While I think Jolly Octopus will work well for younger children and their parents, what about adults without younger children? With a game made for young children you would think that the game would be really easy and boring for adults. I have to say that I was a little surprised by Jolly Octopus. For a game made for young children, the game was quite a bit more challenging than I was expecting. I applaud the game for including two different difficulty settings. This allows the players to increase the difficulty once children have gotten good at the game. It can also make the game a little more challenging for adults. The game requires a delicate and quick touch in order to grab a crab without touching one of the octopus’ arms. While I wouldn’t say that the game is that challenging, adults can fail from time to time.
Because the game was more challenging than I was expecting, I have to say that I had some fun with the game. I have always been kind of a sucker for these types of quirkier children’s dexterity games. It is kind of fun trying to quickly grab a crab without hitting one of the arms. If you have never liked these type of games, you won’t like Jolly Octopus. If you like the occasional children’s dexterity game though you can have some fun with Jolly Octopus.
The problem is that the game becomes repetitive pretty quickly. After one game I was starting to tire of the game. As there is only one mechanic in the game, it becomes repetitive quickly. After you have successfully grabbed a couple crabs there isn’t much else to experience in the game. This feeling isn’t helped by the game’s sound effects. While children will likely love them, they become repetitive pretty quickly for adults. The octopus’ giggle is just so strange that it gets annoying after a while. I think young children will be entertained by the game for quite a bit longer than adults. Even younger children will probably only want to play Jolly Octopus for 10-20 minutes and then put it away for another day.
In addition to getting repetitive pretty quickly, the other issue I had with the game is that it is way too easy to knock the crabs off the rocks. Sometimes we would just drop the crabs and other times we would accidentally knock them off. The game’s rules force you to give the crabs you knock off to one of the other players. We thought it would be better if we returned the crabs to the rocks, and tried to grab them on a future turn though. This added a little more challenge to the game. The problem is that it was kind of a hassle to return the crabs to the rocks what with the octopus’ arms constantly moving.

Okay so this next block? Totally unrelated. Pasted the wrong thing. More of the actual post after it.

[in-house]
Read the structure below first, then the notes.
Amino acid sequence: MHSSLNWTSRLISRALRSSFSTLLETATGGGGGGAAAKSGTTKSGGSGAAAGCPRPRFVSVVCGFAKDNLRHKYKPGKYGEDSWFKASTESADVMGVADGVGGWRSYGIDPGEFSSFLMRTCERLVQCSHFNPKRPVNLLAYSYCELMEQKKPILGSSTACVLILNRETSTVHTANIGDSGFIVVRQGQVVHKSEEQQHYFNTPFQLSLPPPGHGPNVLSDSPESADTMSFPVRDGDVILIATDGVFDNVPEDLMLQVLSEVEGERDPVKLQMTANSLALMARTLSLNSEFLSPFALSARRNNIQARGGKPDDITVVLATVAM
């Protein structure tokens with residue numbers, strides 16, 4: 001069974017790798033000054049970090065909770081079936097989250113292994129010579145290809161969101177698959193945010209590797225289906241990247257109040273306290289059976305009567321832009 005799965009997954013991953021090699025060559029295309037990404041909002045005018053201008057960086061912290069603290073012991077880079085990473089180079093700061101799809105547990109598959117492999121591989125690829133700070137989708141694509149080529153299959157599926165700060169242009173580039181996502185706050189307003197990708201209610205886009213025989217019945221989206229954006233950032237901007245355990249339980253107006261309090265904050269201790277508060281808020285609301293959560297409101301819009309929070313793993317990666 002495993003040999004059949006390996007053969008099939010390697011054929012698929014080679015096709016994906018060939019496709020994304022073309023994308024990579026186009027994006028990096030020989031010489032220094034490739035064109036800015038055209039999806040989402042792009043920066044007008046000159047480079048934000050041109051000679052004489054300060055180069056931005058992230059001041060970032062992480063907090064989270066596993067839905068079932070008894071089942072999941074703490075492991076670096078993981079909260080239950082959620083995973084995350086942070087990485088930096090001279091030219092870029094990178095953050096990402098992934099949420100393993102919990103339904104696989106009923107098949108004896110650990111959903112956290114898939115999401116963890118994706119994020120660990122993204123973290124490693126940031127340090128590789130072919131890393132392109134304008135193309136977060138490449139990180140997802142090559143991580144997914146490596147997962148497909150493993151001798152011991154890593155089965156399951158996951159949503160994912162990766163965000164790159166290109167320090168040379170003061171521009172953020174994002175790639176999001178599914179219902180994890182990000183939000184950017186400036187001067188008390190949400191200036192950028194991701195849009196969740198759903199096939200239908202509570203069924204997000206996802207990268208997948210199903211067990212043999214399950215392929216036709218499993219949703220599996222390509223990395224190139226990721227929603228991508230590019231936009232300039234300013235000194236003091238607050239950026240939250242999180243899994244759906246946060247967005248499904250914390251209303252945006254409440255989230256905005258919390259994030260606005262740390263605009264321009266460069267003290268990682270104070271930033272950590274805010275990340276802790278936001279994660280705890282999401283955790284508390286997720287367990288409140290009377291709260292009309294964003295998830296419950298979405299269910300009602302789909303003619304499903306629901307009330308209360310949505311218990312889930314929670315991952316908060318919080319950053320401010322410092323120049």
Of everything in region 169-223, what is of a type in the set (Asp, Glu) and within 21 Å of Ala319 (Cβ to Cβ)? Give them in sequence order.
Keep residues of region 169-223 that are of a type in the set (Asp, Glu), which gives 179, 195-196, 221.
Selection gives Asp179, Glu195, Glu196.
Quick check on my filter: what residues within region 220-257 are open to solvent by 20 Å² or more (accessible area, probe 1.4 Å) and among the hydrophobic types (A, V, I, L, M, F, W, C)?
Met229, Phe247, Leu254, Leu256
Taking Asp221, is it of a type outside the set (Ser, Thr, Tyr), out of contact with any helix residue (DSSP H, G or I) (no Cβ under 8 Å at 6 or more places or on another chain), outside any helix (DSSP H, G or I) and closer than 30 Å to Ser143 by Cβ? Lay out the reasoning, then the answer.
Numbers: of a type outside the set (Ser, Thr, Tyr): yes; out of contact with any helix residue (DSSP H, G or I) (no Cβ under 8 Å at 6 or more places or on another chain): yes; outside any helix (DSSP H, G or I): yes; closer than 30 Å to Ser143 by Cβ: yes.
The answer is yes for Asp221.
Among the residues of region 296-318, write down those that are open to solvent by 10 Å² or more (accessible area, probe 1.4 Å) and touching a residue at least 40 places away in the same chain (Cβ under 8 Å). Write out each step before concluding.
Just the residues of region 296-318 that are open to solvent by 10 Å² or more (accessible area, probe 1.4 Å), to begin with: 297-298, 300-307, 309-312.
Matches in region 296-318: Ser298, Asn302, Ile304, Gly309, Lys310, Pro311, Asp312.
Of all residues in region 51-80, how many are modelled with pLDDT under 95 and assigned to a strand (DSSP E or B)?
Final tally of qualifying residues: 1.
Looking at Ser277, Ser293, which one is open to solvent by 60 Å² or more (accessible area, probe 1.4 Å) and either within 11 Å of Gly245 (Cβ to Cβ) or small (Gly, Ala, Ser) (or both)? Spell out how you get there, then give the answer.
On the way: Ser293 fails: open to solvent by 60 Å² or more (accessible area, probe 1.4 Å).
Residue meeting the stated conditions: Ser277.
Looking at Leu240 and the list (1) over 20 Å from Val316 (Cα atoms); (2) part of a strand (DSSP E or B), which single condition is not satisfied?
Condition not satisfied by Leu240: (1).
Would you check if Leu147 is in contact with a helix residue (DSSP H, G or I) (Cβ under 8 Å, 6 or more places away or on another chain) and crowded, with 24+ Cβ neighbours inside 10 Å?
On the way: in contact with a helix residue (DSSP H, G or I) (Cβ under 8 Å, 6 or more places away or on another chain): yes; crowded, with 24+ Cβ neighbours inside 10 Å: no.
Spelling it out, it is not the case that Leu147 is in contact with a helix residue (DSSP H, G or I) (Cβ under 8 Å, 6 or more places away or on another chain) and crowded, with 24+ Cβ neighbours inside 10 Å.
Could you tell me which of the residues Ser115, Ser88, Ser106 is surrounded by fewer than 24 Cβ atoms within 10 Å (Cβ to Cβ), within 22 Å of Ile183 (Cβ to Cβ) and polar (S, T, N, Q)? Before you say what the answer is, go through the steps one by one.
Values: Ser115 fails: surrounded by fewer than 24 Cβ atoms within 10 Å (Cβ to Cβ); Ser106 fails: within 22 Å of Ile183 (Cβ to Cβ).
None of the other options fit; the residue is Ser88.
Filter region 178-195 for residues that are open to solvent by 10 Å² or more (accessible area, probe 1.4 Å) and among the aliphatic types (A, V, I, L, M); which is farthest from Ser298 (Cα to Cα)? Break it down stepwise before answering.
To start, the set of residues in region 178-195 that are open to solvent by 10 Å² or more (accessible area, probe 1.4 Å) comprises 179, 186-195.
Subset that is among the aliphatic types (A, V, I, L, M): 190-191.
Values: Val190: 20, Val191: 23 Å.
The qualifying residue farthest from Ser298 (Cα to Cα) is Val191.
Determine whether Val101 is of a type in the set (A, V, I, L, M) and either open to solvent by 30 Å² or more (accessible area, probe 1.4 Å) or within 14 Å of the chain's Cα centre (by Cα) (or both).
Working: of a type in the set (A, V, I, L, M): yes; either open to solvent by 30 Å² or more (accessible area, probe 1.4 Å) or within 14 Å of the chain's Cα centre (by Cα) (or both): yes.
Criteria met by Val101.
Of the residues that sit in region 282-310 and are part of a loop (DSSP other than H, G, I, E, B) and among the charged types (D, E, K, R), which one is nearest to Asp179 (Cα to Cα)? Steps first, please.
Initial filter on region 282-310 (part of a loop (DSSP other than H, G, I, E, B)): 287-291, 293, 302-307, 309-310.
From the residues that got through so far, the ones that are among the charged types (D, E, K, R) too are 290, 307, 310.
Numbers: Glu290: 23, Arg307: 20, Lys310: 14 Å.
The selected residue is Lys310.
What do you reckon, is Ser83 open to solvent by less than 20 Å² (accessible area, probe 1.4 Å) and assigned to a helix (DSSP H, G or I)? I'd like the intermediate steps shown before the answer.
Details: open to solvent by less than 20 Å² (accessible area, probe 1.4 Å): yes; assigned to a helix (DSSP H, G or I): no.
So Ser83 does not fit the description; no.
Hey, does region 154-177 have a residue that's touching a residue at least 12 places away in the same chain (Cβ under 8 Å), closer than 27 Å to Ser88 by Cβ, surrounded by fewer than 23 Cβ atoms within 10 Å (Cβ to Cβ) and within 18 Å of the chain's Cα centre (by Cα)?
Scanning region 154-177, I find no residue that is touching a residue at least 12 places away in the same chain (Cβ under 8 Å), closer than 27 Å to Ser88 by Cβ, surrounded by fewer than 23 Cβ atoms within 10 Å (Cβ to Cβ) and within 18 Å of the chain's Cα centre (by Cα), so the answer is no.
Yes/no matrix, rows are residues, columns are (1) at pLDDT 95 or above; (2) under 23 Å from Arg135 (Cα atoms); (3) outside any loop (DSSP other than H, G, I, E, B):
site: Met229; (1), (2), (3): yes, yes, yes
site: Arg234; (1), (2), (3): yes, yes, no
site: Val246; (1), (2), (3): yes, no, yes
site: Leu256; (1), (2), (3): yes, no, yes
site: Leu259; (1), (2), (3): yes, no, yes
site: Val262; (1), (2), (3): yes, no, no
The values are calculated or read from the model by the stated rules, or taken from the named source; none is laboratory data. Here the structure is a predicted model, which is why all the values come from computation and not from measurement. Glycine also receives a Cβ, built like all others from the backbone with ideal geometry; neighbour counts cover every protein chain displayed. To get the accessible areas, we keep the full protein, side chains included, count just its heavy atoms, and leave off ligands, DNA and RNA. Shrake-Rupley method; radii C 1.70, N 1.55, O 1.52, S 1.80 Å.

While Jolly Octopus is kind of boring, I will say that the components are pretty good. The components are cute which I think will really attract young children to the game. The electronic component also works quite well. I appreciate that it has two different speeds allowing for different difficulty levels. The components are quite solid where they should last through extended use. The only real complaint that I have with the components is that I think the rocks could have been designed differently. How the rocks are designed makes it sometimes hard to grab the crabs without knocking them off the rocks.
Should You Buy Jolly Octopus?
Jolly Octopus is basically what you would expect it to be. The game is a pretty typical children’s dexterity game where you grab crabs with a tweezers. I think the cute components and sound effects will really attract young children to the game. The gameplay is also really simple and kind of fun. For a game meant for young children I was a little surprised by Jolly Octopus. Adults can have some fun with the game, and it is surprisingly more difficult than you would expect. Unfortunately the game becomes repetitive pretty quickly. I even see younger children only wanting to play the game for 10-20 minutes before putting it away for another day. At the end of the day I see Jolly Octopus being a good game for young children, but not really for anyone else. This is reflected in the game’s final rating.
With how basic the game is and how it becomes repetitive pretty quickly, if you don’t have young children I don’t see any reason to purchase Jolly Octopus. If you have young children that would like this type of game though, I think they will get quite a bit of enjoyment out of Jolly Octopus.